I am continuing experimenting with edges for this chapter, working up to making an edge based on the designs in my last post. Once that is done, only one more chapter for module 3 - hoorah! I have downloaded the next module which is themed on flowers - a bit of a change of style for me. It will be fun to see how to tie it in with my personal machinery/industrial landscape theme; I have been reading about yarnbombing which suggests one way and I am sure there are others.
There follows a list of all the samples so far. The sizes vary, so I have put a 10p coin in the photos for scale.
is a repeat from an earlier post to keep all the images together. From the top there is
a) edge cut at 45 degrees and frayed on left, threads withdrawn on right with running stitch added.
b) horizontal threads withdrawn part way up the fabric, machining over vertical threads into bars, fabric folded and twisted to leave machined bars at the edge.
c) bottom edge frayed for about 2 inches then folded to the back and the frayed ends pulled through and stitched down in bunches.
d) bottom edge frayed as before and threads withdrawn further up. Folded back and machine stitched to make a hem with the area of withdrawn threads at the edge and the loose frayed ends hanging behind. A strip of dyed scrim is slotted through the loops.
a) Stitched peapod shapes inspired by the chosen fabric. There are two layers, the top one has been cut away at the edge and inside the pod shape while the bottom one is faced and stuffed.
b)The edge has been cut into triangles and zigzagged; 2 rows of triangles cut from stitched fabric have been applied above. (The triangles refer back to the research project in module 1).
More triangles from stitched fabric, this time connected by lines of straight stitching to spill over the edge.
3 small samples of edges created by joining two pieces of fabric with a water soluble material and stitching. These were then folded over to make a stitched edge. From left
a) yarn trapped in the stitching to hang down - this is not quite right as I should have worked from the right side of the fabric to stitch the yarn in. If you enlarge the picture, you will see that the hem is on the outside.
b) straight stitched lines
c)tried to make pod shapes.
Two samples using sheer fabric
a) distressed by running under an embellisher and slashing to give a frayed edge that continues up into the fabric.
b) 3 layers cut and joined using a stencil cutter in repeated cog shapes.
Next is batch of flounces - I got into these so there are quite a few. I found a useful resource was a book called Decorative Dressmaking by Sue Thompson which has a chapter on using flounces . I have shown them with the paper patterns to show how they work.
A straighforward circle gives an even flounce along the edge.
The same size circle but with the cut out part offset and cut apart at the narrowest point so the flounce is larger at the centre.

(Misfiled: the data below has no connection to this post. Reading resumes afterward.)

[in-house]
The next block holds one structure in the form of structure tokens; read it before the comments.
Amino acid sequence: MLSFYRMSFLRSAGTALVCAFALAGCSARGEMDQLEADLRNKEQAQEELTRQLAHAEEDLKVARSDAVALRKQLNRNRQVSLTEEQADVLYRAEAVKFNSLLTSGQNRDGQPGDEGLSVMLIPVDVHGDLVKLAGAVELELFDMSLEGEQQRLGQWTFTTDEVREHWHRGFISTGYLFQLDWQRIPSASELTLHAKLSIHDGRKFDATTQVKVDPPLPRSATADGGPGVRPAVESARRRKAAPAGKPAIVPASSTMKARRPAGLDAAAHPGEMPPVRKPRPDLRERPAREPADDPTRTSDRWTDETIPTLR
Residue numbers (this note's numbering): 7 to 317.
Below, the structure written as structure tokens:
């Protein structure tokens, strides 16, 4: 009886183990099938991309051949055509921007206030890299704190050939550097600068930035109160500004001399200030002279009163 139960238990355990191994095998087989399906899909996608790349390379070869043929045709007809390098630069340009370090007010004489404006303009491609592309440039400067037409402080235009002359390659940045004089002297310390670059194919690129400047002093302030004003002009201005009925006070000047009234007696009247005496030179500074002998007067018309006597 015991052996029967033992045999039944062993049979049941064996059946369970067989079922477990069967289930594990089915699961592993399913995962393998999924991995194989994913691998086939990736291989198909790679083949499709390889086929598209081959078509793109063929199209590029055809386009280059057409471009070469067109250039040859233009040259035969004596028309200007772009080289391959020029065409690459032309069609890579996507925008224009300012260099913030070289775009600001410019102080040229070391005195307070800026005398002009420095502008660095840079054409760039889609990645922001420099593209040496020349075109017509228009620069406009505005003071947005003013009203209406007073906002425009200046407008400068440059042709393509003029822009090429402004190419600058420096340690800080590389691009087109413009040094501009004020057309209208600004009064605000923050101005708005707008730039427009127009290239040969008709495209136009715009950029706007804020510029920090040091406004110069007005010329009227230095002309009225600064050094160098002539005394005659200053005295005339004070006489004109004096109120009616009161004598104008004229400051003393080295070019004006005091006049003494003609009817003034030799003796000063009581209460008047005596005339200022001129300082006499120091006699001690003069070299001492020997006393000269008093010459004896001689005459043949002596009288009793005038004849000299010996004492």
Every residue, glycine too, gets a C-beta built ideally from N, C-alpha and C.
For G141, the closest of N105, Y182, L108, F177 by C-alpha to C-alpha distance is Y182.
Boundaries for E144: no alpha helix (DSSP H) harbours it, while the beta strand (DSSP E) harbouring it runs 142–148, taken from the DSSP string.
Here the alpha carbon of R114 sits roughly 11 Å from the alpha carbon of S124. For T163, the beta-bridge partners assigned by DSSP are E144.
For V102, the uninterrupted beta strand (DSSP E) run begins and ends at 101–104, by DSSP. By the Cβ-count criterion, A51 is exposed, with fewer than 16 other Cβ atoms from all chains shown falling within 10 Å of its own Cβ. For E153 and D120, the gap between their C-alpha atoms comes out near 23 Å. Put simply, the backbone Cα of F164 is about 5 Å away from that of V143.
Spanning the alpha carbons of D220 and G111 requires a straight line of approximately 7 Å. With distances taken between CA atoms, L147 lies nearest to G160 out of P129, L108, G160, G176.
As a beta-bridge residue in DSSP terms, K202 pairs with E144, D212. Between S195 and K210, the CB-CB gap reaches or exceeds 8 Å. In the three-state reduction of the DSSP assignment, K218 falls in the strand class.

As 7 but this time cut at the widest point.
As 6 but cut apart at an angle which gives a slight taper and curved ends.
Changing the shape of the curve - I think this is more elegant than the circle.
Another trial shape - not as successful on a straight edge because the centre is boring, but might work better on a shaped edge.
Changing the edge of the flounce using a circular saw shape.
This one doesn't have a pattern as it is a cut out spiral - didn't really work on this scale, I think it would need to be much shorter and fatter.
Last two flounces. I like the sculptural possibilities of using stiffer materials - I can see how they would work vertically, for example on a vessel, holding the waved effect. These two are made from left over scraps from samples made for Cogitation, and both use a circle pattern as in picture 7. From the top
a) lightweight lutradur, painted and stitched, is attached to pelmet vilene. This holds the curves really well without flopping and looks quite delicate with light shining through. It could be put into seams or lots of layers could be added up with the curves lining up. And of course some of it it could be burned back.
b) loose threads on partly dissolved soluble (as we did at summer school) - this is a bit crunchy to the touch and doesn't have the elegance of earlier samples. However, it can be pinched and folded into shape when dry and does hold its shape well.
A late addition to the water soluble edges. This one has a satin stitch edge with the shapes echoed below by lines of free machining and above by Markel sticks brushed off a stencil.
Starting to think about interpreting the paper designs, these final two samples are based on the peapod shapes. From left
a) shapes stitched on soluble material and onto the fabric - I wanted to have some as outlines and some solid, but the outlines did not have enough stitching to hold together when I dissolved the water soluble material.
b) same idea but this time stitched on polyester felt which was cut away with a stencil cutter. The felt was applied to the fabric, some more stitching added and then the background was cut away to give a shaped edge.